6 Medical Equipment You Probably Didn’t Know Existed

The medical field is full of equipment and technology that allows doctors to examine and diagnose patients. While we take much of this technology for granted, many inventions and devices exist in the medical world which you probably didn’t know about. From bed headboards to portable inflatable scopes, there is a variety of medical equipment you probably didn’t know existed. Here is a list of six interesting pieces of medical equipment you should hear about

The Wheelchair-Mounted iPad Holder

This wheelchair attachment has been around since 2011, but it’s still pretty cool. The device was designed to give kids in wheelchairs access to iPads and other tablet devices while they are on the go. The pillow-like attachment is fitted to the back of a wheelchair, holding an iPad or other tablet device in place. With the new technology of printing medical equipment, printed iPad holders are, among many more, now available to the public. This printed holder utilizes the same technology, but it allows wheelchair users to print whatever they would like on their iPad holders. Additionally,  the iPad holder can be customized to fit a wheelchair tray, so that the user can get the perfect fit.

Wearable Ultrasound

The wearable ultrasound is a small device that can be worn on the ankle or the wrist of a patient. The device allows patients to see images from inside their bodies, such as blood flow and other anatomical structures. The images are sent through reflection, which projects them onto the skin. Patients wear special glasses for this reflective imaging to work properly. The wearable ultrasound is great for patients who need to monitor their health but cannot make a trip to the doctor every time something feels off. In addition, the device can be used as a watch, which makes it easier for patients to monitor information about themselves without having to carry around bulky equipment or wear weird clothing that could attract too much attention.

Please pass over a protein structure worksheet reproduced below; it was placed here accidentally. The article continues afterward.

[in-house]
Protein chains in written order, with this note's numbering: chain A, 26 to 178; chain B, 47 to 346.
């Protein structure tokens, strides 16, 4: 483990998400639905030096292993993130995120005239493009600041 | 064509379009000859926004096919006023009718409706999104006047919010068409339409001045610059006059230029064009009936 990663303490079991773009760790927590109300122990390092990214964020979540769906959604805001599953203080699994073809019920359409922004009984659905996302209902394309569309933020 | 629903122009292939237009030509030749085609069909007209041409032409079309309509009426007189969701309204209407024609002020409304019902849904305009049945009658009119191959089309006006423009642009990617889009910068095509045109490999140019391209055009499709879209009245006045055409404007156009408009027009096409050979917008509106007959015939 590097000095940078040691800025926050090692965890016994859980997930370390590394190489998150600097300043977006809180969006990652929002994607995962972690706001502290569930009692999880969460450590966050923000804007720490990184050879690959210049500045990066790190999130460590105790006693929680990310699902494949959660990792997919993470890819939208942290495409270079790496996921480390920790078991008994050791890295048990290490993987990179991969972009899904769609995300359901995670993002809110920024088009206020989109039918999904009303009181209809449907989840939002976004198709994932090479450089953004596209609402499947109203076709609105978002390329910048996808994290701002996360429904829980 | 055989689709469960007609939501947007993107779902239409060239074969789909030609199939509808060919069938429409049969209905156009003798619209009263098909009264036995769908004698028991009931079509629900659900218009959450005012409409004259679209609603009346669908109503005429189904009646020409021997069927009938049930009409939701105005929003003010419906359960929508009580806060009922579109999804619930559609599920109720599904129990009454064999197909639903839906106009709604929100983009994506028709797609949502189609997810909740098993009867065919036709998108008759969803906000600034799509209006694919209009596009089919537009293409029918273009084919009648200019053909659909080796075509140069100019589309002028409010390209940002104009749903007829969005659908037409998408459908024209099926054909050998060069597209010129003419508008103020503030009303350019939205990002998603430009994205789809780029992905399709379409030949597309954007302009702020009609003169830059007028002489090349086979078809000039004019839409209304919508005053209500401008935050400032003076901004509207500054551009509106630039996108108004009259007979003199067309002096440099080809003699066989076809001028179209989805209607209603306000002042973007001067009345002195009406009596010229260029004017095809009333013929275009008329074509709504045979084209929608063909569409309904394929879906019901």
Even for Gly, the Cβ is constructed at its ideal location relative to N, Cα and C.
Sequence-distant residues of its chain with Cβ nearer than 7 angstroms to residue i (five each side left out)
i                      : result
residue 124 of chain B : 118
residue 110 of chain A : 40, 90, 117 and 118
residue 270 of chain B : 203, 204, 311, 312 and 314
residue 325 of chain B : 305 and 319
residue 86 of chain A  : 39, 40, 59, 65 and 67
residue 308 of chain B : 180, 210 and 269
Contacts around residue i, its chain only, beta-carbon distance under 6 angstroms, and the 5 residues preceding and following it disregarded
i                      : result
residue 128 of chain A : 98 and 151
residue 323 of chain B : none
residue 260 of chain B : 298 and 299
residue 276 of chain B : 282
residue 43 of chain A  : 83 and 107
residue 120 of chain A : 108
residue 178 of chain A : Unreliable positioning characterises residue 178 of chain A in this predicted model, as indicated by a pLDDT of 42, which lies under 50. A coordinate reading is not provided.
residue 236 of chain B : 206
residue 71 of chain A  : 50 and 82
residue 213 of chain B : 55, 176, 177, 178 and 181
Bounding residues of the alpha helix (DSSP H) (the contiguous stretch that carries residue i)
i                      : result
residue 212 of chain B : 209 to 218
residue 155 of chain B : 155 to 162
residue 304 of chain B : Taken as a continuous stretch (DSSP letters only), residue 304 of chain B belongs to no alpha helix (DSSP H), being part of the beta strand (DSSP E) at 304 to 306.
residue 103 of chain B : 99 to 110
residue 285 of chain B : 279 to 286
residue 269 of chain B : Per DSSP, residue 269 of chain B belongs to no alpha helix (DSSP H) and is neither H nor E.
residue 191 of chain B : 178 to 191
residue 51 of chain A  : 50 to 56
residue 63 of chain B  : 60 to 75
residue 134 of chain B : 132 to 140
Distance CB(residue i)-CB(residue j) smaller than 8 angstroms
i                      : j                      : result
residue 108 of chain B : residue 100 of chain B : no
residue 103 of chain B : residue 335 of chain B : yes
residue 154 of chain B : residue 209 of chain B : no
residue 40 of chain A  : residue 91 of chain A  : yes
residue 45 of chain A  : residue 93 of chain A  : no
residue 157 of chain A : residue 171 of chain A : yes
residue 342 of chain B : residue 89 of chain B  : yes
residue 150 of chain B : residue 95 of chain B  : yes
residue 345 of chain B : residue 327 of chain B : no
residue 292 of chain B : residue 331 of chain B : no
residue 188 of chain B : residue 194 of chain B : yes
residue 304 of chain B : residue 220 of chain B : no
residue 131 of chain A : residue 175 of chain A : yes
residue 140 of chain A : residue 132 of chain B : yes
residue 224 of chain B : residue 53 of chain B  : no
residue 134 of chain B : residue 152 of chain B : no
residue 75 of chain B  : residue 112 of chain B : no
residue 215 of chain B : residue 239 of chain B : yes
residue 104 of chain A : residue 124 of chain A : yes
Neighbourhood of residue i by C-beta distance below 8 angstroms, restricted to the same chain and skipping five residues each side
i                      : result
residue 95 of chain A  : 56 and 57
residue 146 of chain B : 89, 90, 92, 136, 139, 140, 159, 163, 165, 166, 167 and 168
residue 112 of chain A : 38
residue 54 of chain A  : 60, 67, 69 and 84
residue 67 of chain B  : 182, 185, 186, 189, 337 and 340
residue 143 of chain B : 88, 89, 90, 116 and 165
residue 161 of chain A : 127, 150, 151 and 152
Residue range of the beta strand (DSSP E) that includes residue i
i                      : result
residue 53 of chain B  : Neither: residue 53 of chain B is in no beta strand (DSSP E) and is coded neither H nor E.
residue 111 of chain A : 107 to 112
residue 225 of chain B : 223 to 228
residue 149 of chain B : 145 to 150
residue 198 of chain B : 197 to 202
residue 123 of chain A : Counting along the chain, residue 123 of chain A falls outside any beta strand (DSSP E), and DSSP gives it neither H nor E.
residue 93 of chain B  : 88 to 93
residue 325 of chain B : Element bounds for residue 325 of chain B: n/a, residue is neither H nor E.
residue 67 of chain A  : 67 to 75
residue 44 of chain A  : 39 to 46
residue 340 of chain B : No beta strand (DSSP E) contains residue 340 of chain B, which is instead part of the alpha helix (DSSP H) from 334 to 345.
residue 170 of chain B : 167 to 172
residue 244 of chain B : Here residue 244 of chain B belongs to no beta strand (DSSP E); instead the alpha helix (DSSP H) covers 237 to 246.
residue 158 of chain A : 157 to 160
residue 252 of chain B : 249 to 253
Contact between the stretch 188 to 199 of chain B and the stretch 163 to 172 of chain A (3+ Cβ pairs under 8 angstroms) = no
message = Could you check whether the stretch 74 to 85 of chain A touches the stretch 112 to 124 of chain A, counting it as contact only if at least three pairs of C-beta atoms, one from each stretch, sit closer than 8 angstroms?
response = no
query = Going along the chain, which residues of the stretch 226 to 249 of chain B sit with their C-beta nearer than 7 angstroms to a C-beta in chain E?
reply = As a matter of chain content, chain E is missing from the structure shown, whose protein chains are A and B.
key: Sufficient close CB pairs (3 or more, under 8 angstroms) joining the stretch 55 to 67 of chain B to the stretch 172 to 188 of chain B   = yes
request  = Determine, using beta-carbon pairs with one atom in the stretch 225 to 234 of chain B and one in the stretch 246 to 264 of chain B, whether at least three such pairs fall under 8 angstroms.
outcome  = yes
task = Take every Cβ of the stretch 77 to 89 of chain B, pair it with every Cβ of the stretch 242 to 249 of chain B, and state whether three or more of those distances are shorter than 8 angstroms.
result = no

Finger Pulse Oximeter

The finger pulse oximeter is a small device that has many uses for patients who need constant heart monitoring or are being treated with oxygen therapy via inhalers. This device clips onto the patient’s fingertip and can be used to take their blood pressure, monitor their pulse, and give an accurate reading of oxygen levels in the blood. The finger pulse oximeter is small and light, so it can be worn all day or night without being a nuisance to the patient. In addition,  the device will not disturb sleep patterns because it does not have any blinking lights or loud noises that could interfere with peaceful slumber.

Syed Ali 0Ro4Cjnimxc Unsplash Scaled

The SmartPill